Grier says Kennedy’s and King’s murders contain a message for all Americans: “You realize that when we see neighbors or friends talking about other people that you don’t say anything so it was all our fault that we lost these men in the battlefield at home because we were silent. We didn’t cry out to say that’s not right what you are saying, to put other people down because of their religion, their race, but to stand up for their right to speak, their right to live in peace.”

Do you agree? What are your memories of RFK’s assassination and how would you describe his legacy?

Filed under: Maureen Miller • Raw Politics • RFK
soundoff (18 Responses)
  1. David

    Historically if you do the research the Kennedy's were just a bunch of hot air- starting with the bay of pigs- it was a disaster

    June 8, 2008 at 10:17 pm |
  2. Lillian Gonzalez

    It was my first year in Nursing School. I was very upset after I heard that Bobby Kennedy was killed. I just remembered that five years earlier the President JFK, his brother, was killed in Texas. At that time, I was in seventh grade. The school was closed immediately. I remember crying all the way back home. I was very sad. I will never forget those two days in the history of the Kennedys. as long as I live.

    June 8, 2008 at 9:30 pm |
  3. Victor in Saanich, B.C. Canada

    I hope the 40th is truly a time for change. It was remarkable how the sewer kept filling in your political arena [yes and OURS[!!] as well] and you have come to this point in time. If anything, voter apathy and the racial divide have to be addressed. The issue of health care for ALL Americans has to finally be realized and not the rich/ poor division which seems to be entrenched by the MOHs/ doctor entitlement bunker mentality!! If elected, the view should be kept that a lot of the incumbents are part of the disease afflicting your country and not the possible cure!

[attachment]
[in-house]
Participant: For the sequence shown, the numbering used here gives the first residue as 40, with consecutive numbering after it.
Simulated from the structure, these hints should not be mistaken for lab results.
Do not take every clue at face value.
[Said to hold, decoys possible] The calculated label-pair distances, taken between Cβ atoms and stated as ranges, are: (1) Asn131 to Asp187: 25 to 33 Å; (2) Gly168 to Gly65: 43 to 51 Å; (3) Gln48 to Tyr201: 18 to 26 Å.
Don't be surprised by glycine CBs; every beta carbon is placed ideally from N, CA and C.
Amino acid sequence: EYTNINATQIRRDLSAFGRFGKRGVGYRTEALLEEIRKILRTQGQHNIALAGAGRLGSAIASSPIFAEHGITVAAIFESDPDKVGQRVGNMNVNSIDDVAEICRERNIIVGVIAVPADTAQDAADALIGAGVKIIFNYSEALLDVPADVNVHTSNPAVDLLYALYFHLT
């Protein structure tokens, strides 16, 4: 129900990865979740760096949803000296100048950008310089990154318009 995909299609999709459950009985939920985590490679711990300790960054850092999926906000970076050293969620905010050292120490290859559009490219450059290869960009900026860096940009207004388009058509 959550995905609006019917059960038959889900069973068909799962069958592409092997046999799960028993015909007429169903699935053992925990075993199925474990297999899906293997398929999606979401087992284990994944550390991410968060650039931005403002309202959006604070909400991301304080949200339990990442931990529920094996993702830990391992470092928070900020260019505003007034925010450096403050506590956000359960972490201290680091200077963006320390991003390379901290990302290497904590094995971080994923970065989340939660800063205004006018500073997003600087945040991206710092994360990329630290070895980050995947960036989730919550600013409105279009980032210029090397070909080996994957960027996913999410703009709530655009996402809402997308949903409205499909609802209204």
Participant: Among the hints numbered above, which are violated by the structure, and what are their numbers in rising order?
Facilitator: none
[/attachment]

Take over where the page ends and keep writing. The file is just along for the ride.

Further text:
June 8, 2008 at 5:26 pm |
  4. Kathy, Andover

    I was just a little girl in 1968. I was in 2nd grade, & I remember our teacher held a primary. I adored Bobby Kennedy and voted for him. Strangely enough, I don't remember him being shot & killed. Several years ago, I came across the book, "Make Gentle the Life of This World" edited by Maxwell Taylor Kennedy. It is filled with wonderful words of wisdom - some are quotes from Bobby Kennedy & others are quotes Bobby Kennedy collected. I bought one book for myself and one for my son. I absolutely LOVE this book - it captures Bobby Kennedy's essence.

    June 8, 2008 at 12:20 am |
  5. AJ

    Great story. I grew up in the Midwest, and people there still remember how he went through small town Nebraska during his campaign.

    June 7, 2008 at 4:40 pm |
  6. Missy

    I remember so well getting on the school bus in the morning, and he was still alive. We were all talking about it, how affected we were.